Coupons definitely affect my family’s purchases. We aren’t extreme coupon-ers nor do we throw money away, but we are conscious about our monetary choices. Coupons help us make our goods cheaper and easier to buy. My parents’ income puts us at an middle class stance ergo we are able to afford what we want but have to limit ourselves from spending too much money on what we don’t need. Coupons are a great way of saving little by little and slowly saving money. My family drifts towards coupon-based products in order to preserve this small earning system.
One example is the twenty percent off coupon clothing stores like Kohl’s and Sear’s offers. These department stores offer a portion of the price to be reduced so that people are willing to buy more. This raises the demand for the apparel and causes more consumers to buy more thinking they are saving more money. The consumers are right if they aren’t spending outrageous amounts of money in hopes that they will get “better deals”. The key to using these coupons are buying these certain clothes at times of a new wardrobe change. My mom likes to go out and buy new clothes and get a good deal for them; not only is she buying what she wants but she’s saving money. Everyone should get new clothes every once in a while and these coupons are great incentives to do so.
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Grocery stores like to heavily advertise small coupons for popular products. Things like milk, eggs, or toilet paper have meager deals like save a dollar or sixty-nine cents off. They are practically nothing but add up in the long run. Spending three dollars versus four dollars barely seems interesting for someone who makes enough money to not care. However, my family sees through the haze to realize that all of these little savings add up. A dollar here and there becomes a hundred dollars in a year and a thousand in a decade. The miniscule becomes something through reproduction like the phrase “size in numbers”. As a child, I remember going to the store with my dad to get groceries and as an eager child I wanted the brand-name, high-quality food, not the local store garbage. My dad told me we’re getting the off-brand because it’s a dollar or so cheaper. I didn’t like that because it wasn’t the real thing when in reality, they were the same product. My dad was right by saving money rather than experiencing the brief pleasure of having the more popular brand.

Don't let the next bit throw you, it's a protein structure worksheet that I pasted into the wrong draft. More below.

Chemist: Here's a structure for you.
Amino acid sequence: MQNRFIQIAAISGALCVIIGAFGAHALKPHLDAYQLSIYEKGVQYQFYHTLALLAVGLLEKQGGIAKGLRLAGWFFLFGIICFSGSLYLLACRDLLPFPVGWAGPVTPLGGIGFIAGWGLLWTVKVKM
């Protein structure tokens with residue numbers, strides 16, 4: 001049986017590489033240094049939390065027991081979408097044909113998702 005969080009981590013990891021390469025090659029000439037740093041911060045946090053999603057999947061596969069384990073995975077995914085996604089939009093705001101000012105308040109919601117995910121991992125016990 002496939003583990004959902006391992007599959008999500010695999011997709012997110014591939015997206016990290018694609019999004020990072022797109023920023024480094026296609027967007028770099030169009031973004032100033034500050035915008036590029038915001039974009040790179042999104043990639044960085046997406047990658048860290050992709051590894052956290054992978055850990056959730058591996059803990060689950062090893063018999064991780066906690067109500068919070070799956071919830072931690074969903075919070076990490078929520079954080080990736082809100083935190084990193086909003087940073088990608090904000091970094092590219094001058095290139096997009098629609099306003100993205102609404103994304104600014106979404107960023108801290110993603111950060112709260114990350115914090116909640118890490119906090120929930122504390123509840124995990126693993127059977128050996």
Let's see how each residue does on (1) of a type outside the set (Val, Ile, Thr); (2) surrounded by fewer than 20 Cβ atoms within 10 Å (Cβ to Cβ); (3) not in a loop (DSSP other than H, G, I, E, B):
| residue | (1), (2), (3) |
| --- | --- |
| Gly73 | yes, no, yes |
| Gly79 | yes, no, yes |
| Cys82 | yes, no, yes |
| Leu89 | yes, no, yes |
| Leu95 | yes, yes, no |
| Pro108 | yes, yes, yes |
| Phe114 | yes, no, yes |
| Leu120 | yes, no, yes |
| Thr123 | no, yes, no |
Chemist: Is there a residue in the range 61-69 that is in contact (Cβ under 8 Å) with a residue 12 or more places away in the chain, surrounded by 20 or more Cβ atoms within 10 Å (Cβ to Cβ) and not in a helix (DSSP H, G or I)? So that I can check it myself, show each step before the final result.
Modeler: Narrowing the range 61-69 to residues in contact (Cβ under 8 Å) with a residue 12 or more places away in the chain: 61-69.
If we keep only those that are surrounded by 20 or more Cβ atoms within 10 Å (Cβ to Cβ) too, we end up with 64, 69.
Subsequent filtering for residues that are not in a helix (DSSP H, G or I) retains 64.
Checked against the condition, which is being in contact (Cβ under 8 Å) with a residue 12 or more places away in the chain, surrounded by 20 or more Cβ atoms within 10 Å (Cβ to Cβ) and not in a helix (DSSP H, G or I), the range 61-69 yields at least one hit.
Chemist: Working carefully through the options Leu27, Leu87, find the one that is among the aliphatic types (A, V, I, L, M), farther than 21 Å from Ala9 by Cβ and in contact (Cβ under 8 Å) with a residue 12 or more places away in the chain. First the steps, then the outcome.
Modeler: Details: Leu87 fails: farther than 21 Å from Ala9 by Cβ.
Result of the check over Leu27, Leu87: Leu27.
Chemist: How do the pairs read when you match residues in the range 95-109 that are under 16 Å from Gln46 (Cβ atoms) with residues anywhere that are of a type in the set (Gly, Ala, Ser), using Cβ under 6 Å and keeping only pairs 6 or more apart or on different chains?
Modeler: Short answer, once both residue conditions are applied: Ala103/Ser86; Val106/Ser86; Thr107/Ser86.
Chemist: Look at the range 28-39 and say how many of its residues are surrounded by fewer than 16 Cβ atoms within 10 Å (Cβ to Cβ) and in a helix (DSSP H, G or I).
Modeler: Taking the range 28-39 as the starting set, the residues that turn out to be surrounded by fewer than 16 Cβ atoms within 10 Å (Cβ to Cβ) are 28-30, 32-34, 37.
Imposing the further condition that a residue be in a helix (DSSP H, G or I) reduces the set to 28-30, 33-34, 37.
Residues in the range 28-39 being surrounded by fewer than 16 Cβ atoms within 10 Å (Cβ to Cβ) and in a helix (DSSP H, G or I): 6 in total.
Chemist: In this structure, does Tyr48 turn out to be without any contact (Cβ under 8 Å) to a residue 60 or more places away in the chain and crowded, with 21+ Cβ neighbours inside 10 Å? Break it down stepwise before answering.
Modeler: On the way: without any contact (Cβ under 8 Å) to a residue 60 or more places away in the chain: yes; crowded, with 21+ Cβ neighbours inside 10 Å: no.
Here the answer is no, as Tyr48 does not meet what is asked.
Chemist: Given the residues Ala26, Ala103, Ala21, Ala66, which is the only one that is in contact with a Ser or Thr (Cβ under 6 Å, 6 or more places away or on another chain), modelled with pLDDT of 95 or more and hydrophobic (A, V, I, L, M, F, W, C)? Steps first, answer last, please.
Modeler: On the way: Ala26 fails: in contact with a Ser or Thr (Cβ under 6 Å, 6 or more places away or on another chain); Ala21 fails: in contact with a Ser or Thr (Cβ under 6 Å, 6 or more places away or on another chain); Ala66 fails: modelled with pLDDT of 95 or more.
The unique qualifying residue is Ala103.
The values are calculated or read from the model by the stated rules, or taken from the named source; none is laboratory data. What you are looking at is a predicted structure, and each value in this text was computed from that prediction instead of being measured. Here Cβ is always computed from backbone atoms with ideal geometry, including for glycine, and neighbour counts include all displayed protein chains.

A note from us at I’m In: We can help you save on groceries at I’m In!
Coupons aren’t all pieces of paper or deductions in prices but they are the management of money. Money has to be handled wisely for it controls the majority of things in life. Money pays bills and money affords necessities so learning how to use money correctly can be the key to a successful life. By using coupons, people can use every one they see and buy needless things for the sake of saving money when in reality they are losing money. There’s a difference between saving money than saving money from a surplus of goods. Nothing is being saved if they are buying things they don’t need that will just be wasteful. This also goes for buying large quantities of something like milk or detergent that should not be bought excessively. Henceforth, using coupons teaches the users how to properly spend and manage money. This is why my family doesn’t use coupons obsessively or why they avoid using coupons at all. It is good to meet in the middle where the line between unnecessary and wasteful is drawn.
Coupons aren’t a huge part of my family’s purchasing but definitely come in handy by helping us save money and teaching us how to manage money better. From cheap deals to discounts, coupons are a way of earning small amounts over a long period of time. This is a smart way to earn money since it is hard to earn enough money to pay for things like college. My family needs as much help as they can get and coupons are very useful.